Acute shortages of home health aides and nursing assistants are cropping up across the country, threatening care for people with serious disabilities and vulnerable older adults.
In Minnesota and Wisconsin, nursing homes have denied admission to thousands of patients over the past year because they lack essential staff, according to local long-term care associations.
In New York, patients living in rural areas have been injured, soiled themselves and gone without meals because paid caregivers aren’t available, according to testimony provided to the state Assembly’s health committee in February.
In Illinois, the independence of people with severe developmental disabilities is being compromised, as agencies experience staff shortages of up to 30 %.
The emerging crisis is driven by low wages — around $10 an hour, mostly funded by state Medicaid programs — and a shrinking pool of workers willing to perform this physically and emotionally demanding work: helping people get in and out of bed, go to the bathroom, shower, eat, participate in activities, and often dealing with challenging behaviors.
It portends even worse difficulties to come, as America’s senior citizen population swells to 88 million people in 2050, up from 48 million currently, and requires more assistance with chronic health conditions and disabilities, experts warn.
“If we don’t turn this around, things are only going to get worse” said Dr. David Gifford, senior vice president of quality and regulatory affairs for the American Health Care Association, which represents nursing homes across the U.S.
After the recession of 2008-09, positions in Medicaid-funded home health agencies, nursing homes and community service agencies were relatively easy to fill for several years. But the improving economy has led workers to pursue other higher-paying alternatives, in retail services for example, and turnover rates have soared.
At the same time, wages for nursing assistants, home health aides and personal care aides have stagnated, making recruitment difficult. The average hourly rate nationally is $10.11 — a few cents lower than a decade ago, according to PHI, an organization that studies the direct-care workforce. There is a push on now in a handful of states to raise the minimum to $15 an hour.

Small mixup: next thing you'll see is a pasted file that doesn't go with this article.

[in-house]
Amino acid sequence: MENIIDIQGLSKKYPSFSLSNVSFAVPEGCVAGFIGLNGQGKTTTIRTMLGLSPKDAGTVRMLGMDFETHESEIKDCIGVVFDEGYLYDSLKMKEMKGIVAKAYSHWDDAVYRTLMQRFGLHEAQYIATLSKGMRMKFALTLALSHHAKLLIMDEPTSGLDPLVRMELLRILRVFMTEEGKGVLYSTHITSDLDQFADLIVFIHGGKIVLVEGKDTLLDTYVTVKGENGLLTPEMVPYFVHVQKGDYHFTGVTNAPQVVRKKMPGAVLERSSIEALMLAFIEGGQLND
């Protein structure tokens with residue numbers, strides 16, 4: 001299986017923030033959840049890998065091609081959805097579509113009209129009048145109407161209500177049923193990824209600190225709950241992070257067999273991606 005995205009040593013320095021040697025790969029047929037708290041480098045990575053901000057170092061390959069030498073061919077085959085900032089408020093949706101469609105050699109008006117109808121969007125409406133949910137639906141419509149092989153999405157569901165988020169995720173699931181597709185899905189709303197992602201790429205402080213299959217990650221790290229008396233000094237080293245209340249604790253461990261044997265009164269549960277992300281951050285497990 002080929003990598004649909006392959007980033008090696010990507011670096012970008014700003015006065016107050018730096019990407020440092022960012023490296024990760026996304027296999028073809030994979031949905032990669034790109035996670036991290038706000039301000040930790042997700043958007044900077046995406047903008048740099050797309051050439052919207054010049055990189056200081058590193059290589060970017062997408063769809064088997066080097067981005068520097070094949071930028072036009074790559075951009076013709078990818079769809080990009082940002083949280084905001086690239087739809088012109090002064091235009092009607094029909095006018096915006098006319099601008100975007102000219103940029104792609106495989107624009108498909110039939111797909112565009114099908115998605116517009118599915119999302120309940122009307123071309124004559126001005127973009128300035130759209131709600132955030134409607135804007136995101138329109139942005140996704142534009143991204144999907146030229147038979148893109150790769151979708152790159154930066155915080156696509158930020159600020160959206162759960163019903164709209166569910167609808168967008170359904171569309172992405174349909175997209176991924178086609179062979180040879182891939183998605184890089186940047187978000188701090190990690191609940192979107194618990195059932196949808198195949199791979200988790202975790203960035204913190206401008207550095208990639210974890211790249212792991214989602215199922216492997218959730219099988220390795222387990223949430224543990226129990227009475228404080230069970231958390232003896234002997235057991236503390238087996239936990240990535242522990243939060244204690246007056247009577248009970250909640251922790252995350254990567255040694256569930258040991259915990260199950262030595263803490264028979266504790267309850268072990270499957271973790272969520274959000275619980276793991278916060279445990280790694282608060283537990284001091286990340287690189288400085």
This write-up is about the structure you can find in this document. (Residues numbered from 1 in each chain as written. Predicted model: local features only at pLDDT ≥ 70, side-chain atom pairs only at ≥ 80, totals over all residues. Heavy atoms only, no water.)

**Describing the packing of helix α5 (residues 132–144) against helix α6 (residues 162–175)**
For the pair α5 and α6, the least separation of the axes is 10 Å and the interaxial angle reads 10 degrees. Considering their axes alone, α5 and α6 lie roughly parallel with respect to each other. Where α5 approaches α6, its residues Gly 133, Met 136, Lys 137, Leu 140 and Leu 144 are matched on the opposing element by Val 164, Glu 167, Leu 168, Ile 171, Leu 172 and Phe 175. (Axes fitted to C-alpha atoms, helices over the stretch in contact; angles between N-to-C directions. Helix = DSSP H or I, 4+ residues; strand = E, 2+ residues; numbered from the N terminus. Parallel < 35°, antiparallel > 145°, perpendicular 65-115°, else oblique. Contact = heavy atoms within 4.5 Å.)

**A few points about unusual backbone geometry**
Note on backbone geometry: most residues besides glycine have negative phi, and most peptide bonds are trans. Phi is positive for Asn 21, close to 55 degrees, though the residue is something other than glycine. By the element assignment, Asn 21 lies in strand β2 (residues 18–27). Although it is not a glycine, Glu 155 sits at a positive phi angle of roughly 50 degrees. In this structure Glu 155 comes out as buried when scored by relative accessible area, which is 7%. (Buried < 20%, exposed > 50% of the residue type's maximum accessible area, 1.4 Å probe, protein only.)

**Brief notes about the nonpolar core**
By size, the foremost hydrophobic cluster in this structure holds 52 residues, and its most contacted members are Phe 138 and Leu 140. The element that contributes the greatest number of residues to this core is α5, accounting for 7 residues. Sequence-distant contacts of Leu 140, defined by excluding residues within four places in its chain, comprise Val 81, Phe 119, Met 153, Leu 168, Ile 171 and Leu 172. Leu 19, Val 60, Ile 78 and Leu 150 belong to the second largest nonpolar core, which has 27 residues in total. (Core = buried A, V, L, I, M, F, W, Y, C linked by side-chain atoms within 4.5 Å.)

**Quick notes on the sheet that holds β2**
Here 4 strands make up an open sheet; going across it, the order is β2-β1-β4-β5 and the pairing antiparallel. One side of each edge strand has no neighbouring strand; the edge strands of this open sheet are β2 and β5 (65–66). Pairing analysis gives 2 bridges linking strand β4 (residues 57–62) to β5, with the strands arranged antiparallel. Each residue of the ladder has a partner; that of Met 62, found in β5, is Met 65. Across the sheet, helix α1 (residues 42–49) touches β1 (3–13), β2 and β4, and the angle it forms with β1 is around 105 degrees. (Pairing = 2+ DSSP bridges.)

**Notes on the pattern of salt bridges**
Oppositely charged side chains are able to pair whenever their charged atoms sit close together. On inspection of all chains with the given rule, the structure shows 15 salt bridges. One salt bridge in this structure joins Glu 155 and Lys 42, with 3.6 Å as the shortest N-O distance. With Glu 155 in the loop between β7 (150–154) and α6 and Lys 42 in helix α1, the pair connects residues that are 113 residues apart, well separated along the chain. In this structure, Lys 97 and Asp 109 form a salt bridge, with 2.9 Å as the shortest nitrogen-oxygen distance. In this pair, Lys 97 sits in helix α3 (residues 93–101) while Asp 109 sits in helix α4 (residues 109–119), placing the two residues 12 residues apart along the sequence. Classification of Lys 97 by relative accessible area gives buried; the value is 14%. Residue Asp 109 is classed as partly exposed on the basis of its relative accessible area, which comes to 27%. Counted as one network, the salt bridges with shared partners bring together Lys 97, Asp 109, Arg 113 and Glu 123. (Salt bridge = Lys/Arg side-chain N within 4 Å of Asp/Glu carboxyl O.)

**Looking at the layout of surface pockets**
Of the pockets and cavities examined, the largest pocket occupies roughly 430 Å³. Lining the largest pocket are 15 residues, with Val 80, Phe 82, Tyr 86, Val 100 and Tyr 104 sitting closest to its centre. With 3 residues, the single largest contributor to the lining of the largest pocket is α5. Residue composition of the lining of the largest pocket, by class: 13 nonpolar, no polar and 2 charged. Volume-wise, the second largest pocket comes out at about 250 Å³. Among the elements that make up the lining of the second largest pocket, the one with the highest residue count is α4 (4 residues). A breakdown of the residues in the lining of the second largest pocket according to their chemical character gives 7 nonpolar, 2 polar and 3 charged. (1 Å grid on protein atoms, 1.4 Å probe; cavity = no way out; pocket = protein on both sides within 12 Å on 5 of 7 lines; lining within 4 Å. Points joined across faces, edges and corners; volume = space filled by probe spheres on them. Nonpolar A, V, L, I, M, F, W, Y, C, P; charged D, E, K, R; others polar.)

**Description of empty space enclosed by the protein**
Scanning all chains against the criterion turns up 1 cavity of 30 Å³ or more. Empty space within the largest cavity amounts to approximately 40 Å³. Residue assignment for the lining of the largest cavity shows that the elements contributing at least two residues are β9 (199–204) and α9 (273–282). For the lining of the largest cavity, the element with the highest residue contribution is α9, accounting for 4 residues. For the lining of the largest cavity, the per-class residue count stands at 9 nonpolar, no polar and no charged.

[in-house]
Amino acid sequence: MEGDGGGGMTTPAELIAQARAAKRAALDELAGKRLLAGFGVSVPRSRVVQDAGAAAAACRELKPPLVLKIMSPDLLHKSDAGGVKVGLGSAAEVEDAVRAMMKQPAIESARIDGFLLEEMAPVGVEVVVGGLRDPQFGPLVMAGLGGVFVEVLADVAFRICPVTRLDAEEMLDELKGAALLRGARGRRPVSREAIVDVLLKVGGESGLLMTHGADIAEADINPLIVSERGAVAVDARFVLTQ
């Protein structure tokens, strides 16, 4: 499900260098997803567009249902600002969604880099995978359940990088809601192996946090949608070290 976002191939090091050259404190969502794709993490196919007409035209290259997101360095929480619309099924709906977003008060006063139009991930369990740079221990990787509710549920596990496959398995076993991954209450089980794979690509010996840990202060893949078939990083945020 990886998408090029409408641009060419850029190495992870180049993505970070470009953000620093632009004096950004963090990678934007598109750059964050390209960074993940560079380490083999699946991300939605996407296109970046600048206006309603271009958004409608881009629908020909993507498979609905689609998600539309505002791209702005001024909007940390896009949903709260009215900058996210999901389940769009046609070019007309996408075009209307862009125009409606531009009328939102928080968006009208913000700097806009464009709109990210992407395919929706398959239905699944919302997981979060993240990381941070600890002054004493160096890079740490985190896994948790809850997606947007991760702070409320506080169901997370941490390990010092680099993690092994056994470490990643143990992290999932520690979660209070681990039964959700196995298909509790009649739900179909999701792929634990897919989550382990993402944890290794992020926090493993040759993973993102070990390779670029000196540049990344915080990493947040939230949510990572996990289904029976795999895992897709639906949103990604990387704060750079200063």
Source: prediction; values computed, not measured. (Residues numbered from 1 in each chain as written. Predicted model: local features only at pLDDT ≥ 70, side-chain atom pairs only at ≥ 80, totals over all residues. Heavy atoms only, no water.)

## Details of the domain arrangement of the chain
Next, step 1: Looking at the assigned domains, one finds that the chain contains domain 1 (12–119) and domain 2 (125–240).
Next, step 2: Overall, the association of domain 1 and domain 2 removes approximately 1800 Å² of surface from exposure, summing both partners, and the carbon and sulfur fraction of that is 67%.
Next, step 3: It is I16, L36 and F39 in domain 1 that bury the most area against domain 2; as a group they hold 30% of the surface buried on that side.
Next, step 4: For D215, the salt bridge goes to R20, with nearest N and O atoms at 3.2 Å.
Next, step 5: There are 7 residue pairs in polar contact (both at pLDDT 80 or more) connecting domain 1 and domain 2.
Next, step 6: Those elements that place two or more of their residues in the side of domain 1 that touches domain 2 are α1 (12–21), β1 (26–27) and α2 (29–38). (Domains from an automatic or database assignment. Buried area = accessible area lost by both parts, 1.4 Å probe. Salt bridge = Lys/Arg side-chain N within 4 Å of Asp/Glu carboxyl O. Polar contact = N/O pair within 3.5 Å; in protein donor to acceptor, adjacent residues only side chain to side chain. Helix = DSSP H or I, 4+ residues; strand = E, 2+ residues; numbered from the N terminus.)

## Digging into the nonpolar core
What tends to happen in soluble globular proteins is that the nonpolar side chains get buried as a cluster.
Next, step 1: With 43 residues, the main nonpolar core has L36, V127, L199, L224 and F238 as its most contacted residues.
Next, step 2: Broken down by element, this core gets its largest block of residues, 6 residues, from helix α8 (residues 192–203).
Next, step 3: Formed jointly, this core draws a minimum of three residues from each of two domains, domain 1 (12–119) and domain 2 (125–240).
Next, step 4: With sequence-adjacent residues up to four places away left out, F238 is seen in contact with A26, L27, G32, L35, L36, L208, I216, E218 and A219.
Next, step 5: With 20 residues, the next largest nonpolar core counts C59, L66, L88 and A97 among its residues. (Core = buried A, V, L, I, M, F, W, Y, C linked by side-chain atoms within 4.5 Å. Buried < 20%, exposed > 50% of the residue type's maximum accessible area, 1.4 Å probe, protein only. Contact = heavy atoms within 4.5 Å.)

Even for-profit franchises that offer services such as light housekeeping and companionship to seniors who pay out-of-pocket are having problems with staffing.
Hardest to cover are people with disabilities or older adults who live at some distance from a city center and need only one to two hours of help a day. Workers prefer longer shifts and less time traveling between clients, so they gravitate to other opportunities.
It isn’t possible to document exactly how common these problems are nationally. Neither states nor the federal government routinely collect information about staff vacancy rates in home care agencies or nursing homes, turnover rates or people going without services.
For years, experts have predicted that demand for services from a rapidly aging population would outstrip the capacity of the “direct care” workforce: personal care aides, home health aides and nursing assistants.
The U.S. Bureau of Labor Statistics estimates an additional 1.1 million workers of this kind will be needed by 2024 — a 26 percent increase over 2014. Yet, the population of potential workers who tend to fill these jobs, overwhelmingly women ages 25 to 64, will increase at a much slower rate.